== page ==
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Sex, relationships and commitment phobes

Whether you're seeing someone or not, understanding relationships can be a head wrecker.


Written by SpunOut | View this authors Twitter page and posted in life


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Love, dating and romance can bring their own difficulties to your life regardless if you are single, dating or in a long term committed relationship.

Being a couple

When a relationship is going well it can be the best feeling in the world. When it's not going so good there are feelings of hurt, sadness, anger, rejection and isolation. Your confidence is low and it can be hard to think clearly. Just remember that if your partner puts you down then they're not worth it so move on! If you are feeling pressured to do something you don't want to do or don't feel comfortable with: SAY NO! Respect your own choices and make sure to respect your partner and that they respect you. If you are gettting involved sexually then it makes sense to know about the risks and do something about them. Remember the age of consent is 17. Find out about contraception and how to protect yourself against sexually transmitted infections.

Being single

Not everyone has to be half a couple. Being single can be more fun as you are free to do your own thing, be with your friends whenever you like, have your own interests and you don't have to deal with the rows. It's much more important to develop friendships with both sexes than to have a boyfriend or girlfriend. Focus on having fun and love WILL follow on in time.

Being LGBTI+

Some people know from a very young age that they are LGBTI+. Others might be confused about their sexuality right into adulthood. Working out whether you are gay, lesbian, bi or straight can be very confusing. You don't have to tell your friends anything about your sexuality or who you fancy unless you want to, but remember it does help to talk. Telling family or friends can be hard to do but if you choose someone you trust, chances are they will be more supportive than you think. Remember sexuality is only one part of your life so stay calm and don't panic. If you do want to talk to someone confidentially, outside of family and friends, help is available.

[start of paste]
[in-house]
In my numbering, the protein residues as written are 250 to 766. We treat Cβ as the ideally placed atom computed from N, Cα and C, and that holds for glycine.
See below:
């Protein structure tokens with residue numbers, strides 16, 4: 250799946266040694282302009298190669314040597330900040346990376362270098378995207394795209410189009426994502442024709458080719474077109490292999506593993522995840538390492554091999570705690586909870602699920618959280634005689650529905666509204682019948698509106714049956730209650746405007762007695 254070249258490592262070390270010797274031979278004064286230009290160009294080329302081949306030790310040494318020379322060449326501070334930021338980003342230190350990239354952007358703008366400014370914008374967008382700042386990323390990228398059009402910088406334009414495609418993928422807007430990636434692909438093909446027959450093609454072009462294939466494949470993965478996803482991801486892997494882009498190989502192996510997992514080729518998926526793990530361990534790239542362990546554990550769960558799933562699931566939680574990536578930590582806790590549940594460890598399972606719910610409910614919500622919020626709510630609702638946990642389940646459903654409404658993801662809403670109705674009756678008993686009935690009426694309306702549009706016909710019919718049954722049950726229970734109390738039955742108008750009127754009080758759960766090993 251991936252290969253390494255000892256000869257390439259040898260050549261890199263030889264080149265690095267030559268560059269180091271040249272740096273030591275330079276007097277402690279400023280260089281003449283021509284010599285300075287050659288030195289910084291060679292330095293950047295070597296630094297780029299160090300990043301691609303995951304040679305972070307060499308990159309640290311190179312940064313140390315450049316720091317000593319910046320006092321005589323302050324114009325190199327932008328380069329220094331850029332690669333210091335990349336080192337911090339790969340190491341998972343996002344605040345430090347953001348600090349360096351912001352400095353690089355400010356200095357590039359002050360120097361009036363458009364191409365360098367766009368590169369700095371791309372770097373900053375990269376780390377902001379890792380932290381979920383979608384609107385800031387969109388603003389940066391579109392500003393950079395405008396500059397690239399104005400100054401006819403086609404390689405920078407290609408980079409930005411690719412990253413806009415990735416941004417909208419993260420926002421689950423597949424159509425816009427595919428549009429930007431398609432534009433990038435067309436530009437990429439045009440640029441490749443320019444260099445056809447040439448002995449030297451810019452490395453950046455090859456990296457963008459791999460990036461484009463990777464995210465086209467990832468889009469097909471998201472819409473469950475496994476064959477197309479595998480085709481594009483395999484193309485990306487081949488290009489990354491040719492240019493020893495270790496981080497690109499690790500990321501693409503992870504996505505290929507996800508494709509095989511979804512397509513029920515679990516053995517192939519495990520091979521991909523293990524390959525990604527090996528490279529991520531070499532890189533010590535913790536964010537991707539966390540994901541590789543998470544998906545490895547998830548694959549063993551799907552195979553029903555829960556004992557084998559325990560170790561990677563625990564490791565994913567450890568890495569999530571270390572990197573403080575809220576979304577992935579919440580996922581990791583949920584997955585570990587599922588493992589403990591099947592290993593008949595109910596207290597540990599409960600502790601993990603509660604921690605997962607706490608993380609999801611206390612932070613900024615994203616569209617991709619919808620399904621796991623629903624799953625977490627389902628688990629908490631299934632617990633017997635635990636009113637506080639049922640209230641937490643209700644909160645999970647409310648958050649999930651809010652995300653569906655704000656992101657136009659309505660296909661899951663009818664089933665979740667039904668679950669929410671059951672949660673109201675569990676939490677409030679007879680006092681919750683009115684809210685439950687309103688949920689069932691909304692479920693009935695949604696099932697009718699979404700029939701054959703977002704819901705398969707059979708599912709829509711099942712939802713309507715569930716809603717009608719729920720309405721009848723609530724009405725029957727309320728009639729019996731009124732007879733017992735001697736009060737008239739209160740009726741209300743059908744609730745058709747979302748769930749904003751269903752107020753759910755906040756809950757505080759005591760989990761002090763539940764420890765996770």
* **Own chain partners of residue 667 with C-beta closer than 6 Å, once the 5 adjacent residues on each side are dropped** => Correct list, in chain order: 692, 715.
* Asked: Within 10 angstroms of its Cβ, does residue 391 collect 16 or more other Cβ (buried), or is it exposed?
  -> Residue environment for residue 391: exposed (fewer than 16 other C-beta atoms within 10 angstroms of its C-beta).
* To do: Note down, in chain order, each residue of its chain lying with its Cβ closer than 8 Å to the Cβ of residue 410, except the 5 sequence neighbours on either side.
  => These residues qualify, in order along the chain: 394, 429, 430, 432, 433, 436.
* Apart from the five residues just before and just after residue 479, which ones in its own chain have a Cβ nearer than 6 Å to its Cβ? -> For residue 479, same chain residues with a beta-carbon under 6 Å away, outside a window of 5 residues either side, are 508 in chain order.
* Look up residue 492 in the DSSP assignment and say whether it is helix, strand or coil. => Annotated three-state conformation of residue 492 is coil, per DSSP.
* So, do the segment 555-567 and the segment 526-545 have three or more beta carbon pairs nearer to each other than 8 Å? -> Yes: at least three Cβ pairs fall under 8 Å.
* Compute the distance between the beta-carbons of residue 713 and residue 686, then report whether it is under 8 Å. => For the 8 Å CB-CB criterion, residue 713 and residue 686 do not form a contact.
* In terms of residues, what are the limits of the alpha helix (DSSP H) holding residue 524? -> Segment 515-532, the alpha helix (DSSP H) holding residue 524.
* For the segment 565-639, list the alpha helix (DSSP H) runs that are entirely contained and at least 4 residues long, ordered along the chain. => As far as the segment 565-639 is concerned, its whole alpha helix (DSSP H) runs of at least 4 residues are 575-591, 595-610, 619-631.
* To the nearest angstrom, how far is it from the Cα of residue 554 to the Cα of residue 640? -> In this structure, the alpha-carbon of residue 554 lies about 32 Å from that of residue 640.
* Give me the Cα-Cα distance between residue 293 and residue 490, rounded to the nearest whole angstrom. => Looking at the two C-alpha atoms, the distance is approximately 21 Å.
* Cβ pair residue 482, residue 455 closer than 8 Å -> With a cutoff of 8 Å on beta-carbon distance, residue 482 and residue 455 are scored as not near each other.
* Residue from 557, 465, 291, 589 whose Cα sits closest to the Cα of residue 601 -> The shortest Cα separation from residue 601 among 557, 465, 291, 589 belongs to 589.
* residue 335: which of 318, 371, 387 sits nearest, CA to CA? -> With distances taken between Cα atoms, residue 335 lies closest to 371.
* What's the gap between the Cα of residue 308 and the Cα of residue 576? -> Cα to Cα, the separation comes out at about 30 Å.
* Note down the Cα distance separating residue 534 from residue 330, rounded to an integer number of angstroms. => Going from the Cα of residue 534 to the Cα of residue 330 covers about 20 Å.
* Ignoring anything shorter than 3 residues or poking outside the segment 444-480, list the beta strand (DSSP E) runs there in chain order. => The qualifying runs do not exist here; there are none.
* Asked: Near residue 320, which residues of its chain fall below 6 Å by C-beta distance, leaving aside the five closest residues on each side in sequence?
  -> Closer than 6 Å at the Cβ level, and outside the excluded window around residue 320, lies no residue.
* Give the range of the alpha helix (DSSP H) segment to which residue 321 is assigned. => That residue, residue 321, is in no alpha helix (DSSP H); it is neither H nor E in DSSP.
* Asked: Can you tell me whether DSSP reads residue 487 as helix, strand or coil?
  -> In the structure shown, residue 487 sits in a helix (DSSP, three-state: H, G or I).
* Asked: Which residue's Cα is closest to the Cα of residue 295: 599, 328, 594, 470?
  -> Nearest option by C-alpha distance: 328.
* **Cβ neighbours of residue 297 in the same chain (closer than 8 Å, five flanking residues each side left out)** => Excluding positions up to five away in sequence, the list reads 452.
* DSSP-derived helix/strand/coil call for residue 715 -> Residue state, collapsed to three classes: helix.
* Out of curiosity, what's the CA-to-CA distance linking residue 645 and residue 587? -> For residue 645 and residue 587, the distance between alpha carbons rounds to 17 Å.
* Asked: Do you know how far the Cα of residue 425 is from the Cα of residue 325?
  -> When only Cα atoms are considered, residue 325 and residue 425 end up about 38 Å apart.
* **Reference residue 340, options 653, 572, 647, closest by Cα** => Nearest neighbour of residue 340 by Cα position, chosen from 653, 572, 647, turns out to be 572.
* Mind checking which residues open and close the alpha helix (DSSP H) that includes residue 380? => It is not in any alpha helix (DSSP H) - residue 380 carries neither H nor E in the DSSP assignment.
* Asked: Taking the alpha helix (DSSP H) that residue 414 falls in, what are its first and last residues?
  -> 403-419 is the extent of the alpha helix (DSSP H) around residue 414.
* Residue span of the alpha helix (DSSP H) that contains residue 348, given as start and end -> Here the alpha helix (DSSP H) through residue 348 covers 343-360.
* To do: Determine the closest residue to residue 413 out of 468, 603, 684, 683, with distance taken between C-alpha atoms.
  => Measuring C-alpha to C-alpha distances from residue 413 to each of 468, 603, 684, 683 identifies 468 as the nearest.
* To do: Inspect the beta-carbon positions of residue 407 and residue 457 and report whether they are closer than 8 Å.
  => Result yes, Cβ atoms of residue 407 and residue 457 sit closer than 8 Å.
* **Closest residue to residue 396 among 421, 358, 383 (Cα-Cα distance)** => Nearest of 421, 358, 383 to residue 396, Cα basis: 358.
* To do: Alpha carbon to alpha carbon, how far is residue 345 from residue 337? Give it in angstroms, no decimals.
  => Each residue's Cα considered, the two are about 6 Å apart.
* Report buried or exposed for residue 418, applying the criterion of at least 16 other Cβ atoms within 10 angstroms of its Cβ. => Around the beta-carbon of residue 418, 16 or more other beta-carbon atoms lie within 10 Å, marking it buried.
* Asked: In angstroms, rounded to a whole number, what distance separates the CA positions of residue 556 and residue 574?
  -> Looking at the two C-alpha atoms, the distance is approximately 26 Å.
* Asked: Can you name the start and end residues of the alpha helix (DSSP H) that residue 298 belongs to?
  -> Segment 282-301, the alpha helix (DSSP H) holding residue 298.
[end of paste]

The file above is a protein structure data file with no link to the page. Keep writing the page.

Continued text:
Unhappy couple in bed.
If you find it hard to talk to your partner about commitment issues, perhaps seeking a professional may be the answer.

Commitment phobes

All relationships are unique and move forward at their own time and pace. Sometimes though, one partner wants to move faster than the other. You may be happy and content with where you are, but your partner wants more commitment from you.

Or, maybe you always have issues with commitment and find this unnerving.

Why you may have issues with commitment

  • It may be too soon! There is a big difference between someone wanting to move in with you after two years of a committed relationship and them wanting to 'shack up' after two months!
  • You may fear losing your space. If you are a person who likes your alone time, the thought of a big commitment to another person may freak you out.
  • You may have been badly hurt before (either in another relationship or as a child) so are not keen to get heavily involved with someone else, since you associate commitment with pain.
  • There might be too much pressure. Maybe you would be willing to commit, but your partner is making you inadvertently rethink, because he/she is asking for so much commitment all at once and is not giving you enough time and space.
  • Religion/beliefs could be tripping you up. Some people’s Faith requires that they not live together before marriage. It may also prevent them from making other commitments outside the context of marriage.
  • You’re perfectly normal! If you were able to jump into a big commitment without any thought it might mean you actually don’t care that much. Worrying at least shows that you care and take the idea of commitment seriously.

How to handle it

  • Talk it out. Instead of constantly going back and forth and arguing about your inability to commit, sit down and have a proper talk where you each get the chance to speak without being interrupted. Often times, a quiet but public place is the best area to chat about things. You could go for a long walk or sit in a quiet pub and hash it all out.
  • Think of a compromise. Maybe you don’t want to see your partner every day or live together, but maybe you could see each other three times a week rather than twice.
  • Bring in the professionals. If you are not sure what you want, seek out some counselling. You could also attend couple’s counselling – together is best, but it is possible to attend couples counselling on an individual basis.
  • Listen to your heart. It truly knows what you want and need and has the ability to get beyond what your mind is trying to frighten you with.

Remember: The age of sexual consent in Ireland is 17. If you're over 16, you can consent to medical treatment including any treatment or tests needed.

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Published January 21st, 2013
Last updated February 9th, 2018
Tags relationships lgbt
Can this be improved? Contact editor@spunout.ie if you have any suggestions for this article.

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